My dad played this for quite a while, too! I think he tried Trainz, but never got into it as much as MTS. There was just something to it.

  2. Faldrath says:

    Speaking of trains, how good is Train Simulator 2016 these days? (I think I remember a lot of complaints when it first came out). Bear in mind I have never played a train game before and, well, I know very little about trains… but it’s rather cheapish on the Steam sale and I’m curious about it.

    • LewdPenguin says:

      Whilst it’s been some time since I last installed it some things I’m sure haven’t changed, namely that the game engine now feels older than many of the locomotives on view within, and whilst great things have been done to it since launch it really is well past it’s use by date. Supposedly there’s a new engine being worked on for a true sequel rather than just changing the name every year whilst wringing a few drops more out of a ~7 year old game.

      If you can get past it looking somewhat pants by todays standards and quite likely chugging along at not-great frame rates then it’s pretty fun, by default you get a handful of routes and locos to play with but there’s a ton of things available as either pDLC or mods so you’re unlikely to run out of things to play with. Not having any significant prior knowledge/experience of railways is probably an advantage in some ways as you won’t notice the few odd quirks in simulation that pop up occasionally (and are likely largely the result of people scripting in features well beyond what the game was ever meant to handle), I recall the game having a pretty decent tutorial setup to get you started (that I hated for going over so much basic stuff I know from irl already), and you can choose between simplified or full controls depending on how into it you want to get at any point.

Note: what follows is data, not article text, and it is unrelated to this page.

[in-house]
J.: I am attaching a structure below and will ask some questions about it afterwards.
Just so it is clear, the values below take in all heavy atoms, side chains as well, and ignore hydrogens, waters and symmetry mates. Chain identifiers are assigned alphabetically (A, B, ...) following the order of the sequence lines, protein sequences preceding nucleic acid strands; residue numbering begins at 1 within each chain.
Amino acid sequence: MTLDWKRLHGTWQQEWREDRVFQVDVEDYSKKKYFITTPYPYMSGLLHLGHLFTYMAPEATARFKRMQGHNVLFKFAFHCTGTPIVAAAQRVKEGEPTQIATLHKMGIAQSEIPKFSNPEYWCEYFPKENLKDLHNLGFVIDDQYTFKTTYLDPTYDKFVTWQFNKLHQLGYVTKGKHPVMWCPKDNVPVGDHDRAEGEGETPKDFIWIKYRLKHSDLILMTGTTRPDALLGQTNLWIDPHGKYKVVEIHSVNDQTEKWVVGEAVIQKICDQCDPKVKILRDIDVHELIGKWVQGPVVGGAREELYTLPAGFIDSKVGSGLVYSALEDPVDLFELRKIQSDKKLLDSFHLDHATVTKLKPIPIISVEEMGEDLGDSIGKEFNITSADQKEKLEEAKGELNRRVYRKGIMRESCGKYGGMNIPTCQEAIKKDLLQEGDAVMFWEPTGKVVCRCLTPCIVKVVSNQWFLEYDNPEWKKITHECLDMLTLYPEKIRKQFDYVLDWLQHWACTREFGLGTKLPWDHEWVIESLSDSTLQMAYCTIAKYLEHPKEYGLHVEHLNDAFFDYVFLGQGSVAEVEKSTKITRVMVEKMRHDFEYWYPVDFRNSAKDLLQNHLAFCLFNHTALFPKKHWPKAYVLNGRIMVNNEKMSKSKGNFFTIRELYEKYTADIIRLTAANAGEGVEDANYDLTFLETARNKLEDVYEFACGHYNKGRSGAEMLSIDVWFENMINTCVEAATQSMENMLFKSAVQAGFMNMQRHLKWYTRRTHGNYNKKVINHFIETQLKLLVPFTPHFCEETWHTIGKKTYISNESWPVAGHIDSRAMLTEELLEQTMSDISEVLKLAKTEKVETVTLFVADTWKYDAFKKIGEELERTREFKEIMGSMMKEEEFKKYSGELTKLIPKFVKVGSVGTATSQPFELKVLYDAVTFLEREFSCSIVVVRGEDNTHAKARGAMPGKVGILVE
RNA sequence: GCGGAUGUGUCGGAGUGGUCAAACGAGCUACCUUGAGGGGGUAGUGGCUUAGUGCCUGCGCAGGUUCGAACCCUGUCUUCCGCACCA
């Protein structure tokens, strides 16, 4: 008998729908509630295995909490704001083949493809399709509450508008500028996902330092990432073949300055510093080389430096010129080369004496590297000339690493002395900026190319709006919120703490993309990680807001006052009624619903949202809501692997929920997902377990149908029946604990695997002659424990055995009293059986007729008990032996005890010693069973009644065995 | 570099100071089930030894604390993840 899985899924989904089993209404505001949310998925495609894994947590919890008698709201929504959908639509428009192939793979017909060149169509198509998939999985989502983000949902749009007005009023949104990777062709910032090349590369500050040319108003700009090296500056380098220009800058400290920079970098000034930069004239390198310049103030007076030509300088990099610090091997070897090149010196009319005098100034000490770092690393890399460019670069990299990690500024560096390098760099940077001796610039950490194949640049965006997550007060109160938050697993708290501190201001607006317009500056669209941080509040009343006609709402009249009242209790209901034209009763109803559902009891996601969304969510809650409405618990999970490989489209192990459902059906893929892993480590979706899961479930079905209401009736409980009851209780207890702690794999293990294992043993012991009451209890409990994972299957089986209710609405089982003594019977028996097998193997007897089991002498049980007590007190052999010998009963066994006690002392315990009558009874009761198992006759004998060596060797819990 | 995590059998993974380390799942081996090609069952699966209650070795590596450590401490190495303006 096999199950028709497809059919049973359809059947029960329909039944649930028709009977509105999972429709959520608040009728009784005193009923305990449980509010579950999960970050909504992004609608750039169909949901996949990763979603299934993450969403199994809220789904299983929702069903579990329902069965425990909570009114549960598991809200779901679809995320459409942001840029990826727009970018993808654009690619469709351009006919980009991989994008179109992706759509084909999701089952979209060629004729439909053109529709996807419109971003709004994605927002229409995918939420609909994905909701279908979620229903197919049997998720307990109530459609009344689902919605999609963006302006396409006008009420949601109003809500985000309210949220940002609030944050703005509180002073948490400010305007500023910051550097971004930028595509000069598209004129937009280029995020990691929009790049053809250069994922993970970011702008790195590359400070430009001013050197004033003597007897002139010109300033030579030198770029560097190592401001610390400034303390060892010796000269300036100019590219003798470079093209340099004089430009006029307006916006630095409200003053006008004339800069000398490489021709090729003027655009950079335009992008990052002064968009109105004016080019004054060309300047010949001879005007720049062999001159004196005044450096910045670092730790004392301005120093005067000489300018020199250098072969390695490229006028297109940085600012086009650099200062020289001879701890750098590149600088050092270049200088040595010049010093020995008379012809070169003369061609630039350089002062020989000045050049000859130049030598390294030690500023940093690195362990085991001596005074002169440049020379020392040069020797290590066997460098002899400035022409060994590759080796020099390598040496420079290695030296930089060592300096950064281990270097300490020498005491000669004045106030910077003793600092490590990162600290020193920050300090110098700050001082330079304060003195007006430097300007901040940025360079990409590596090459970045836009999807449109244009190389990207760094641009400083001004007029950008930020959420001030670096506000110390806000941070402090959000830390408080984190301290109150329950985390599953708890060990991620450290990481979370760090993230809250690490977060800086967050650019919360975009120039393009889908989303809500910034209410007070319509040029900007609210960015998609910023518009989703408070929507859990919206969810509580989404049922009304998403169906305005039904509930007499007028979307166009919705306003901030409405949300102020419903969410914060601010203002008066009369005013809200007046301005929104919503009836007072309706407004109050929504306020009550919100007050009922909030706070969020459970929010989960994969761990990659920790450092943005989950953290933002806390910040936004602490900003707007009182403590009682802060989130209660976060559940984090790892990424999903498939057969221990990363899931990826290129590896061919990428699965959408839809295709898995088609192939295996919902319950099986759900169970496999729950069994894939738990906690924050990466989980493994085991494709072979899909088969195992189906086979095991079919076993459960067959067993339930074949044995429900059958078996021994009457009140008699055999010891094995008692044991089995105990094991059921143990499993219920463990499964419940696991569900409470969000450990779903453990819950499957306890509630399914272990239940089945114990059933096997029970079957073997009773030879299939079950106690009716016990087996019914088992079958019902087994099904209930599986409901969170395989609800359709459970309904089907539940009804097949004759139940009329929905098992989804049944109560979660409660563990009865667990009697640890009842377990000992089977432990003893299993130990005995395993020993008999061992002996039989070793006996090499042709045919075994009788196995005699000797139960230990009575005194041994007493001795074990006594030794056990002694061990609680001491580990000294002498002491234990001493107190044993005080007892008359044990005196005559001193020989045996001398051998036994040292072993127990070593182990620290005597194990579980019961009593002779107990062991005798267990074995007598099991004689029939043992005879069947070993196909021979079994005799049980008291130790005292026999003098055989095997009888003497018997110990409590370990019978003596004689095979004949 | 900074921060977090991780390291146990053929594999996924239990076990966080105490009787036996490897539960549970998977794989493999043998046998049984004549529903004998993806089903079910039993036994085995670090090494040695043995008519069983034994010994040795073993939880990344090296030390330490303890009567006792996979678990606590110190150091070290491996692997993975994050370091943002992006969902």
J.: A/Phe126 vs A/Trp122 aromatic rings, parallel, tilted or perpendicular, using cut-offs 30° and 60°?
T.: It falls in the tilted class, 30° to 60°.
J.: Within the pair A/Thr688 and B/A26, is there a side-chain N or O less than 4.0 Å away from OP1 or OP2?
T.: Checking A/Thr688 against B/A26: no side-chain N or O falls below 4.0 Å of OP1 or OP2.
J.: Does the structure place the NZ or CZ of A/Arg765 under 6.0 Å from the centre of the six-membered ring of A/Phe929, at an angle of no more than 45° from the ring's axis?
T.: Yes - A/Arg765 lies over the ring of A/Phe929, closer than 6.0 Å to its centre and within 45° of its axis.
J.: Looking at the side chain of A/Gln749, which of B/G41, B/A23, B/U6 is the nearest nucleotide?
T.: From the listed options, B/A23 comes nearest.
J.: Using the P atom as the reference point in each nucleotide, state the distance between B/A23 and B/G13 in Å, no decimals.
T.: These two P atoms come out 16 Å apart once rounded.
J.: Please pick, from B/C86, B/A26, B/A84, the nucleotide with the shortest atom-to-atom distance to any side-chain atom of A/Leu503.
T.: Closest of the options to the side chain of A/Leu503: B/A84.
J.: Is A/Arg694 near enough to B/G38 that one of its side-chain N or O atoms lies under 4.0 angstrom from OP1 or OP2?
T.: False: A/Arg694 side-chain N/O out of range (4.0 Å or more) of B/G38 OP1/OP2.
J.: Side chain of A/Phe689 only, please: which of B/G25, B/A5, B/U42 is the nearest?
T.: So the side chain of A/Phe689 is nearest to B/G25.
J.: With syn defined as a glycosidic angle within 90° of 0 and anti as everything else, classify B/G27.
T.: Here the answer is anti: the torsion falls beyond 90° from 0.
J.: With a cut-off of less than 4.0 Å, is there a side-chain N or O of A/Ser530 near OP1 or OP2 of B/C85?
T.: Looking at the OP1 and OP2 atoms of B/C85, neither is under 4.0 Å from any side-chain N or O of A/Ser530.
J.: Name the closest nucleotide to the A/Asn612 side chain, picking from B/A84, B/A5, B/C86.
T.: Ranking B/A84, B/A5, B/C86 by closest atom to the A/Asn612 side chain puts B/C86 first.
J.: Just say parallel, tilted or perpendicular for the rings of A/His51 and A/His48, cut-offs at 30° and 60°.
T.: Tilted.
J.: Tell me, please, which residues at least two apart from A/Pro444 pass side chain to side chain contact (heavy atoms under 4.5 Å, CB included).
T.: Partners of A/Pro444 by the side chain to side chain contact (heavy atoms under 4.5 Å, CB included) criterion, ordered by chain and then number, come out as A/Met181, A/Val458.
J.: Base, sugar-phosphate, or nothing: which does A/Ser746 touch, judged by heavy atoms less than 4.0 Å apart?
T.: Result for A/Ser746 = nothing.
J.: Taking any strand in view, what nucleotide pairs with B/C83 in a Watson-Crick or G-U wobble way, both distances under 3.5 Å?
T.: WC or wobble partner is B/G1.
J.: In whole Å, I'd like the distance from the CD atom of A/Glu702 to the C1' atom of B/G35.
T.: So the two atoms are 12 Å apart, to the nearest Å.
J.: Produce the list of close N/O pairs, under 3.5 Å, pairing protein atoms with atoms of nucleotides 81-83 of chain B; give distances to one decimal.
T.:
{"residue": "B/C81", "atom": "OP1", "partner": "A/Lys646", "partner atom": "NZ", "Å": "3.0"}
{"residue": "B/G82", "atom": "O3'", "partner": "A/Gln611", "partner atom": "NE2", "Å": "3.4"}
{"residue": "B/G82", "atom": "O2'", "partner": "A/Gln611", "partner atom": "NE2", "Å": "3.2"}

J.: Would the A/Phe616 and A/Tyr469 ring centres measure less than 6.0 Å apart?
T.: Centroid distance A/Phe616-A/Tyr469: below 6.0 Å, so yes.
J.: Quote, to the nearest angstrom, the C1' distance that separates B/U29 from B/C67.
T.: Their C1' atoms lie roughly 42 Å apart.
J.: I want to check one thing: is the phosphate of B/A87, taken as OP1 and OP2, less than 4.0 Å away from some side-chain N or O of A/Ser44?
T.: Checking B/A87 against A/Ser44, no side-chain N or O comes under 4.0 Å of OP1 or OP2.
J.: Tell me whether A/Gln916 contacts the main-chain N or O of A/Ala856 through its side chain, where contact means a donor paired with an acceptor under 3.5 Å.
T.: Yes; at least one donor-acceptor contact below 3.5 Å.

For £6/[insert funny foreign money here] it’s worth it I’d say, there’s so much content out there even without buying DLCs it’s a pretty great potential hours/£ on offer, happy driving!

    • charlesg says:

      I’d say it’s the best on the market, certainly in terms of graphics. That’s mostly because there’s not a lot of competition.

  3. Faldrath says:

    Thanks for the detailed reply! I guess buying the basic pack can’t hurt :)

  4. charlesg says:

    I always preferred BVE over MSTS.

    MSTS was prettier and probably more realistic when it came to long heavy freight trains, but BVE felt more immersive when the train would wobble and tilt on the track, just like in reality. And I really liked the G-force gauge, I missed that in MSTS, which did keep track of G-forces but never gave you any feedback other than a little mark on your report card at the end of a scenario, which just said you exceeded ride comfort one or more times.

    Railworks/Train Sim didn’t have this wobble and tilt at first when it came out, but it eventually got it. Features like “curve easements”, “superelevation” and “track unevenness”. But it only appears in routes that have been developed since they added this feature, if you’re playing an older route you may still not get to experience them. It moves the player cam around a bit to suggest these G-forces which is pretty cool.

    Now if only Train Sim 2016 would make it so the train wobbles slightly when passengers are boarding it. BVE’s been doing that since forever.

  5. April March says:

    I had no idea that Open Rails existed. Though it apparently comes without any trains or routes. Is it a good download for someone like me who literally discovered it exists this exact moment?